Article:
The US seems to have had more success in its regulatory response. In 2012 it passed a law that requires manufacturers to report shortages to the FDA, including the reasons and expected duration. This provides the basis of a searchable public database on the FDA website. The FDA is also able to take measures to avoid shortages, although it cannot require a company to increase production of a specific drug.
“This actually made a tremendous difference,” Fox believes, not least because, in dealing with manufacturing and quality issues, the FDA can use regulatory discretion to prevent shortages posing a risk to patients. “For example, if they know there is a batch of vials that have some particles in them, but everything else about the medicine is safe, they can allow the company to sell that product, but with a filter.”
They will also work with alternative companies to help them ramp up production, speedily approving new production lines or raw material sources to help increase supplies, adds Fox. “Back in 2012 there was a significant shortage of methotrexate injections, and the FDA was able to approve another supplier to alleviate the shortage very quickly.”
The FDA can use regulatory discretion to prevent shortages posing a risk to patients
Eniu would like to see more proactive measures in Europe to predict the likelihood of shortages. In Romania the government does step in and make use of special authorisations to get drugs into the country, “but this is always after the fire has started,” he says. “The ideal situation would be a system to prevent it from happening, by taking measures before the shortages actually occur.” The 2017 report on cancer medicines shortages in Europe that he contributed to outlined six policy recommendations to prevent and manage shortages. In April 2019, in advance of elections to the European Parliament, ESMO worked with MEPs to launch a cross-party call for ‘tangible political commitments’ to act on these recommendations as a matter of urgency during the 2019–2024 legislative cycle (see box A call for tangible political commitments).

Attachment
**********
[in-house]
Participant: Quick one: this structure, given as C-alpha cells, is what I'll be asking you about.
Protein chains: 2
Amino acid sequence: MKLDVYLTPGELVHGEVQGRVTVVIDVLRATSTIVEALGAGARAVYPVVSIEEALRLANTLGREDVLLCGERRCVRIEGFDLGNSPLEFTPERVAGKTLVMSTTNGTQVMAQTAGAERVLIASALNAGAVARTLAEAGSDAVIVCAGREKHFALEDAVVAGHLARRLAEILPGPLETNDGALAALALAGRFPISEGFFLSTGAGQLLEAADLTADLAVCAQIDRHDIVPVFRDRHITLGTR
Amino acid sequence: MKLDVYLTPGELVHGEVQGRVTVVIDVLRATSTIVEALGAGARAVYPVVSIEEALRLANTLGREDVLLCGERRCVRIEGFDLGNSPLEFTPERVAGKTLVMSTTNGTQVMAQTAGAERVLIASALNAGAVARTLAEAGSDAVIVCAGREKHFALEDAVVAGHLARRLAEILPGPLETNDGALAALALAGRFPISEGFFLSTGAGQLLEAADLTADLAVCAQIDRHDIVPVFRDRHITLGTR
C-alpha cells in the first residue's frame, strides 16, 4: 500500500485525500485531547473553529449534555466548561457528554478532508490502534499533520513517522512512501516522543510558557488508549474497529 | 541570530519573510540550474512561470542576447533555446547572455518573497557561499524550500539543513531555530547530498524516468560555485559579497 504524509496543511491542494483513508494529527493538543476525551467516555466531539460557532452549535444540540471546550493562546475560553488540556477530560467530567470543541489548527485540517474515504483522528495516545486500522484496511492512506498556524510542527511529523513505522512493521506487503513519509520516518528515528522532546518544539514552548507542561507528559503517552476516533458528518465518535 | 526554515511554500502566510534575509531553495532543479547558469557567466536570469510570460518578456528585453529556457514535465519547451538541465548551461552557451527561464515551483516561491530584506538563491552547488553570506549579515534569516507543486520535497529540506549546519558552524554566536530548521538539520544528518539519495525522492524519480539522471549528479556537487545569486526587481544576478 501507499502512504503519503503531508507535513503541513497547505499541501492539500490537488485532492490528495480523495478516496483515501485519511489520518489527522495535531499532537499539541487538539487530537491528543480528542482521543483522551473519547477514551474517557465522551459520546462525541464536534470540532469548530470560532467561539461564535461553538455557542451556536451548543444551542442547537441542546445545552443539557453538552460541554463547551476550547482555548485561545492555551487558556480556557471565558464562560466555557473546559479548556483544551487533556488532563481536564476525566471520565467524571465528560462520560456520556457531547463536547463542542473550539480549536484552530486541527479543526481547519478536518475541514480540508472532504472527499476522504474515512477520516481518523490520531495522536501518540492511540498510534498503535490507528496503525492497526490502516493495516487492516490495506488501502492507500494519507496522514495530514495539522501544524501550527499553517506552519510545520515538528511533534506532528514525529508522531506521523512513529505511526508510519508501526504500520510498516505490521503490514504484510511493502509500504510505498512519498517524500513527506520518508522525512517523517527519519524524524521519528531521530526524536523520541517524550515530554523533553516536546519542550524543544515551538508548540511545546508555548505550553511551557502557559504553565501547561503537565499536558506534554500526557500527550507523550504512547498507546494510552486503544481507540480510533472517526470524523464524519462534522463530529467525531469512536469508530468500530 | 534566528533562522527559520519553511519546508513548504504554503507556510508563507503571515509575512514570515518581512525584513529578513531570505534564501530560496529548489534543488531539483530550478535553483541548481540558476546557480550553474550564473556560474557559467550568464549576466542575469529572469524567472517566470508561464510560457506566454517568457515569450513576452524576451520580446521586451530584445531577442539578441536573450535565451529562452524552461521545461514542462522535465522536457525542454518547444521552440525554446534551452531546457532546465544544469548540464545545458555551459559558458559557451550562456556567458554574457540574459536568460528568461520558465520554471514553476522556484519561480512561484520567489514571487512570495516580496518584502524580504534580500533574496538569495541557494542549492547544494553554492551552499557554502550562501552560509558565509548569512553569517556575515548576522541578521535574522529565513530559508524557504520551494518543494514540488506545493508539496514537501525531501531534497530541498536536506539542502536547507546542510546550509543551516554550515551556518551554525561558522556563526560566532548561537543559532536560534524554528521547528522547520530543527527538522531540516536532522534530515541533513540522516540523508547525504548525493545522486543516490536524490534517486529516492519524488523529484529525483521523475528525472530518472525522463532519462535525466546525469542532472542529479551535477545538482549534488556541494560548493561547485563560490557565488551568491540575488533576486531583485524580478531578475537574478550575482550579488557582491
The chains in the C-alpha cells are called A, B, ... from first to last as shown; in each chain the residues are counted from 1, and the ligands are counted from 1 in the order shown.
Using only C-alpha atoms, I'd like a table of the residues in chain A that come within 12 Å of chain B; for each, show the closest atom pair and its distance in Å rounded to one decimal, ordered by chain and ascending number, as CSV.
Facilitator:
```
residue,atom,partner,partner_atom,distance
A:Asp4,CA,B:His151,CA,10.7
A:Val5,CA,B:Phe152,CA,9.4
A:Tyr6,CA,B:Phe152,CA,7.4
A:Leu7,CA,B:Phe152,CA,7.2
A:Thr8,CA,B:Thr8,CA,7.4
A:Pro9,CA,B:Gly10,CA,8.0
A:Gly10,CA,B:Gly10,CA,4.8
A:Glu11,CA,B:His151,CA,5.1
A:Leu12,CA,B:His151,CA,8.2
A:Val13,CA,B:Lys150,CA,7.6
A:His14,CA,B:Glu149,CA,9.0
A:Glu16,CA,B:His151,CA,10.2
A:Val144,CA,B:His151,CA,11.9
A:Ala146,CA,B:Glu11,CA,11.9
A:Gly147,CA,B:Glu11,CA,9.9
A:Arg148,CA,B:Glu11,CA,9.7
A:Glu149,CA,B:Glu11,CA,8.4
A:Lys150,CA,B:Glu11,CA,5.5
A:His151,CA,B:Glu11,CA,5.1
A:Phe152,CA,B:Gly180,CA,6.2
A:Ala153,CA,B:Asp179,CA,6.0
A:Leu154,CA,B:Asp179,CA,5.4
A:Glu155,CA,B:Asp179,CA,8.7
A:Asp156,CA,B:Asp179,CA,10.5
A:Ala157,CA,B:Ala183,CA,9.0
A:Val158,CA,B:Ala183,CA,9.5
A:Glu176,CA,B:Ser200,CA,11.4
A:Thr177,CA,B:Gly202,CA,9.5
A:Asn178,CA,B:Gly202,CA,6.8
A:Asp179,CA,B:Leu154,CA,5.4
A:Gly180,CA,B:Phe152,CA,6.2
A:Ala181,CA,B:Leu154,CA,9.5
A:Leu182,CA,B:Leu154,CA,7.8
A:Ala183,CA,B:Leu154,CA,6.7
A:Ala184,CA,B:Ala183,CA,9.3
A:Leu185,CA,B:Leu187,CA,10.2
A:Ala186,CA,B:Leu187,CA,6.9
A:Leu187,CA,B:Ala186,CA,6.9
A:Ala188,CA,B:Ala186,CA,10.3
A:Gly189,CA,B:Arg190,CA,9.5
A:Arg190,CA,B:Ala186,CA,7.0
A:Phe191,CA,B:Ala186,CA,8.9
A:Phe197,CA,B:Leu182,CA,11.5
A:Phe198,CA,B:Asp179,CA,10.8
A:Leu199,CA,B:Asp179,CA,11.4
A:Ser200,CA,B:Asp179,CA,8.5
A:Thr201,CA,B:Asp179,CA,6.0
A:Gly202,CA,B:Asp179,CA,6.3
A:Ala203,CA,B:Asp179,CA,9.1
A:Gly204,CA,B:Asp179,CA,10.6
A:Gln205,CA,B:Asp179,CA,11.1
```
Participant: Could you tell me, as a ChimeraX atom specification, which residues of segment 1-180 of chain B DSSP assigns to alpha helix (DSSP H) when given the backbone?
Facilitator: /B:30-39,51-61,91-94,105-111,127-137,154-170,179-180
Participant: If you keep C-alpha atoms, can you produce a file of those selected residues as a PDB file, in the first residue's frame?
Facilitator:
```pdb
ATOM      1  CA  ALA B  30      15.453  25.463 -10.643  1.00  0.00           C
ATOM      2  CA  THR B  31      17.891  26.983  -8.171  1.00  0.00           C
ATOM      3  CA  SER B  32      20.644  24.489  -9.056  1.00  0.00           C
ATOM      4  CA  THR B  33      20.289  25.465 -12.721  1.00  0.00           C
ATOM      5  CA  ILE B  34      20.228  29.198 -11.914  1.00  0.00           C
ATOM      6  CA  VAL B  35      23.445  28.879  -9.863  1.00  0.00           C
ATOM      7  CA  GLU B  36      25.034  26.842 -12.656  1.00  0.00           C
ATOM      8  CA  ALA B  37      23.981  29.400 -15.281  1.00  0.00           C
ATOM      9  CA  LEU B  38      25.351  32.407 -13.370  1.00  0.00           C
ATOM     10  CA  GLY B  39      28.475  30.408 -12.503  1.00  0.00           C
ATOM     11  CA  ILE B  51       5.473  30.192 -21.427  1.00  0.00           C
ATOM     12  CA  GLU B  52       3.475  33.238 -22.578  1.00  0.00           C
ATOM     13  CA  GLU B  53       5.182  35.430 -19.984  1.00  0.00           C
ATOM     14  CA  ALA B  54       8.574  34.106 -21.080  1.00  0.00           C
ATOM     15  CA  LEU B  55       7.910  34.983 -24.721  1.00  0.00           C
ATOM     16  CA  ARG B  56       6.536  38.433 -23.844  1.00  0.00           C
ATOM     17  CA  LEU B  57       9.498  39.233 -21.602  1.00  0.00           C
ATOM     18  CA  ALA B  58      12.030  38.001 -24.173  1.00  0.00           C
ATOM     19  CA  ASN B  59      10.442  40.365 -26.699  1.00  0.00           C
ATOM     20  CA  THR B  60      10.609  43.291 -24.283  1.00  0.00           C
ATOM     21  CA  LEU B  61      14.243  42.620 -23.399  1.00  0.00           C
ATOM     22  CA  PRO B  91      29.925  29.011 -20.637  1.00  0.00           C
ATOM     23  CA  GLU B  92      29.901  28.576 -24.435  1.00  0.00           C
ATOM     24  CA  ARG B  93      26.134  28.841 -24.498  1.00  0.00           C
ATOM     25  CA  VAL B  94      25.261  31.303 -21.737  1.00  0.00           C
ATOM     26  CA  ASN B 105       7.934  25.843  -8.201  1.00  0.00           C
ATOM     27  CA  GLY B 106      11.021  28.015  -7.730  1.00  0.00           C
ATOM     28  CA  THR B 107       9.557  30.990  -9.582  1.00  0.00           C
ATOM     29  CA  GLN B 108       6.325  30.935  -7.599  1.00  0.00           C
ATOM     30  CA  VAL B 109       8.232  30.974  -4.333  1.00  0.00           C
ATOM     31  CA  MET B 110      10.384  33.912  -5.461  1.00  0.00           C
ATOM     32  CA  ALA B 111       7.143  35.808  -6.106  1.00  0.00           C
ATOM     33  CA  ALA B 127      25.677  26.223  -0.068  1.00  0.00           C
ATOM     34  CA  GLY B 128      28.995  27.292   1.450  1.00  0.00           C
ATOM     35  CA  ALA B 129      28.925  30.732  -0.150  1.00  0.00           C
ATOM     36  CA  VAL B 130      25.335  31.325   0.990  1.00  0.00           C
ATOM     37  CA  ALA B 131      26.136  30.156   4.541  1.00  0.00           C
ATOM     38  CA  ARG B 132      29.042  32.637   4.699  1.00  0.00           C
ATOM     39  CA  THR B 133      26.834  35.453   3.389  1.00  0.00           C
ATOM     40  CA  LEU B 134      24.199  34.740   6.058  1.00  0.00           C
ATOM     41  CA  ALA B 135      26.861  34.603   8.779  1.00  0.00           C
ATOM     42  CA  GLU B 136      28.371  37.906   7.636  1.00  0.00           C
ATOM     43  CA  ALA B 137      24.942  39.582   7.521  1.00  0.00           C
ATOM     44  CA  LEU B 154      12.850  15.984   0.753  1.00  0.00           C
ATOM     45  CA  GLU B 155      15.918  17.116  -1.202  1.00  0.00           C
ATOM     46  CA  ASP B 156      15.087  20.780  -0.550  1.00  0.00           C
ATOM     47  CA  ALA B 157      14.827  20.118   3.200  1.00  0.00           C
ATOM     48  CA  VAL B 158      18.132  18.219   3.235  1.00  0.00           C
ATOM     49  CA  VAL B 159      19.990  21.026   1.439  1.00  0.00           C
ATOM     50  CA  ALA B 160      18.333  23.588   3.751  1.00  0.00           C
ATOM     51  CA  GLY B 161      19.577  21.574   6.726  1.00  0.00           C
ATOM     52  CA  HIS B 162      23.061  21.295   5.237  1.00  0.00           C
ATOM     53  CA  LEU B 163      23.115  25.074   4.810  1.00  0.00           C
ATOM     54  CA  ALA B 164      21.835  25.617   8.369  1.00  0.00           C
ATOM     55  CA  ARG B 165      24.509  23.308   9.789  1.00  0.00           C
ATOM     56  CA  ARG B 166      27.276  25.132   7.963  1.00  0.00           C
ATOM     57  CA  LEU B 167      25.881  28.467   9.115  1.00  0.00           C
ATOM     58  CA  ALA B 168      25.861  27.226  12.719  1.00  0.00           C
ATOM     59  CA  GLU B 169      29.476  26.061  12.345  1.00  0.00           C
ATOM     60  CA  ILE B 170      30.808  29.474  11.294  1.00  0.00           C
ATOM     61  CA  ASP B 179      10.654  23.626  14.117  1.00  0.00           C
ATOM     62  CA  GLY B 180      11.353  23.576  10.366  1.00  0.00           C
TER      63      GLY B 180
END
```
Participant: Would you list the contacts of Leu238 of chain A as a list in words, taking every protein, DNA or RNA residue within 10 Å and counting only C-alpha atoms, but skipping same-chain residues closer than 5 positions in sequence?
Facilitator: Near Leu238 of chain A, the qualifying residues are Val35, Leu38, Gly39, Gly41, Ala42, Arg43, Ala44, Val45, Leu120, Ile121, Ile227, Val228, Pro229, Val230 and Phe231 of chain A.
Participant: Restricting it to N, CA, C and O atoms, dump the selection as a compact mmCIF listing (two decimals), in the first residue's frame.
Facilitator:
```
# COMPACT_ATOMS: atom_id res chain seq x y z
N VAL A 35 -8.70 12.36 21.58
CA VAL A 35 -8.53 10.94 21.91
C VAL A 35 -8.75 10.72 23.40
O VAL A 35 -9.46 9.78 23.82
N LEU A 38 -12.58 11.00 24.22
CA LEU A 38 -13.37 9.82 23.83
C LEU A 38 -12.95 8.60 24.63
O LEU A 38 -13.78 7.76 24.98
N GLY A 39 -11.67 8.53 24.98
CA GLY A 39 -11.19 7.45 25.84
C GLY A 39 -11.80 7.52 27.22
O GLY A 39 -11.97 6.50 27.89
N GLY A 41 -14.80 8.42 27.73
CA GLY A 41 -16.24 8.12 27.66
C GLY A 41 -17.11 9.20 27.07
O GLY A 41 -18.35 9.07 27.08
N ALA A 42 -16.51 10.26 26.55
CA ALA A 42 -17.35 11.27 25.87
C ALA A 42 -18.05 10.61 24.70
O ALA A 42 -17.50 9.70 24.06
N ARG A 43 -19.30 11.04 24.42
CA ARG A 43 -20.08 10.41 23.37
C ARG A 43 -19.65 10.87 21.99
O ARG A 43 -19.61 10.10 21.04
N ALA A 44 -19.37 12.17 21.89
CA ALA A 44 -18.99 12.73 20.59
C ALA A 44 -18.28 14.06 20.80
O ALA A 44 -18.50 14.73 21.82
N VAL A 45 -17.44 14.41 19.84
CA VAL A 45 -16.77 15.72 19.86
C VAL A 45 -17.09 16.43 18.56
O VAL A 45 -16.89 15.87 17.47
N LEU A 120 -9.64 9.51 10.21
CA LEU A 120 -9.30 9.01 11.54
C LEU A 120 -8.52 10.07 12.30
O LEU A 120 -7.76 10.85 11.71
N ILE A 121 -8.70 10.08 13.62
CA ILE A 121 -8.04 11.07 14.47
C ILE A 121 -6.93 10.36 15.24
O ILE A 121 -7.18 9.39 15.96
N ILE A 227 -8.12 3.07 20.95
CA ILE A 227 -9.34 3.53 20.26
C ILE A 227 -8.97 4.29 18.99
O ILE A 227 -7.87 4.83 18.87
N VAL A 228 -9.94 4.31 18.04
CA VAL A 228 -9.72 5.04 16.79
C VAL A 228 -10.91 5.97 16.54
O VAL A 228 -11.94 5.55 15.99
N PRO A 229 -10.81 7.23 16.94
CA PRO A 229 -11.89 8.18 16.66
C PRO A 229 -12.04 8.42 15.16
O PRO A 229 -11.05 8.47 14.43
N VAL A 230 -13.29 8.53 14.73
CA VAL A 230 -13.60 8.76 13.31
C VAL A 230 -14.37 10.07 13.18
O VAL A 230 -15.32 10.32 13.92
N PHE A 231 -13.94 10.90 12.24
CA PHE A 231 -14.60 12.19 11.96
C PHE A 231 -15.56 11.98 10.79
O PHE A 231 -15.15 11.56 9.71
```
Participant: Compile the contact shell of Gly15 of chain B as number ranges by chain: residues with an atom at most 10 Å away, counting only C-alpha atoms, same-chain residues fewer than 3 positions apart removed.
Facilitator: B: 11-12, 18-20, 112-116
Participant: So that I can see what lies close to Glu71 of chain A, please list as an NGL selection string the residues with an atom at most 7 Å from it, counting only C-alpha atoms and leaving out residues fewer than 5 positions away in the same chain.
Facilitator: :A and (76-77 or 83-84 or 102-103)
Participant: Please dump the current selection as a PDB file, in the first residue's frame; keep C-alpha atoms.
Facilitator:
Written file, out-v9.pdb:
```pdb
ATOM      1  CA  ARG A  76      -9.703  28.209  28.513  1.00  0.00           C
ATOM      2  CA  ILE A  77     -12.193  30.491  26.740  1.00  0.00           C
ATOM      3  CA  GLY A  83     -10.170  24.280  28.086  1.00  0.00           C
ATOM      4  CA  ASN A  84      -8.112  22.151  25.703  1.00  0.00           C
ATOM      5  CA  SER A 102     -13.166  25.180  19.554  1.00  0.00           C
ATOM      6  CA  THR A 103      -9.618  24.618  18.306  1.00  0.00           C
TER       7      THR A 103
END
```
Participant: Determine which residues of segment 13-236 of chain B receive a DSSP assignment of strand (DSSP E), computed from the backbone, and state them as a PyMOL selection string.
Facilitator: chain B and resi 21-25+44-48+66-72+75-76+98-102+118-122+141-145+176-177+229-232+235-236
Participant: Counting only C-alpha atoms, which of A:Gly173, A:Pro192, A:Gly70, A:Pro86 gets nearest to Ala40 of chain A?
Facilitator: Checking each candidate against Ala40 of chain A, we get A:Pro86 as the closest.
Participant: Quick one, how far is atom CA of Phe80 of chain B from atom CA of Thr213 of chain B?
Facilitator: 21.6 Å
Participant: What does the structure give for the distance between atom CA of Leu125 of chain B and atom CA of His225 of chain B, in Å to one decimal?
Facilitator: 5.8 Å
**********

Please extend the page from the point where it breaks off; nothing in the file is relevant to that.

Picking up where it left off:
A market failure?
The report also focused on creating the right financial incentives for industry to improve production infrastructure. Some see this as a key problem, particularly for medicines with relatively small markets. “There are no financial incentives, they are losing money, so I guess the market laws are not functioning very well in this area, especially in the generic low-profit medicines,” says Eniu.
van den Hoven argues that current cost cutting and uncertainty in the generic drugs market makes investment very difficult. “We need to figure out a more long-term predictable scenario so that companies will reinvest again on the manufacturing supply side.” He argues that those in charge of buying medicines need to be part of the dialogue. “They should enable tenders to allow for price competition, but there should be a component of security of supply in there.”
Medicines for Europe has held internal discussions around procurement models that would offer very-long-term contracts, including a requirement to invest in manufacturing capacity. “This is a very radical idea, and it’s not fully accepted by anybody yet,” says van den Hoven, “[but] if we don’t come to this, it’s just going to be uneconomic to manufacture these super-essential drugs, which are the backbone of cancer treatment.”
In the US, one group of healthcare providers is looking at an alternative solution. Intermountain Healthcare, a Utah-based system of 23 hospitals, is leading a collaboration of more than 450 hospitals to form a new not-for-profit generics drug company. This will be the first non-profit generics manufacturer in the US. Civica Rx CEO Martin Van Trieste, an accomplished biopharmaceutical entrepreneur, agrees that the current economic model is broken. “The part that we are doing that really fixes that model is we do not recover a margin, a profit, by selling the drugs.”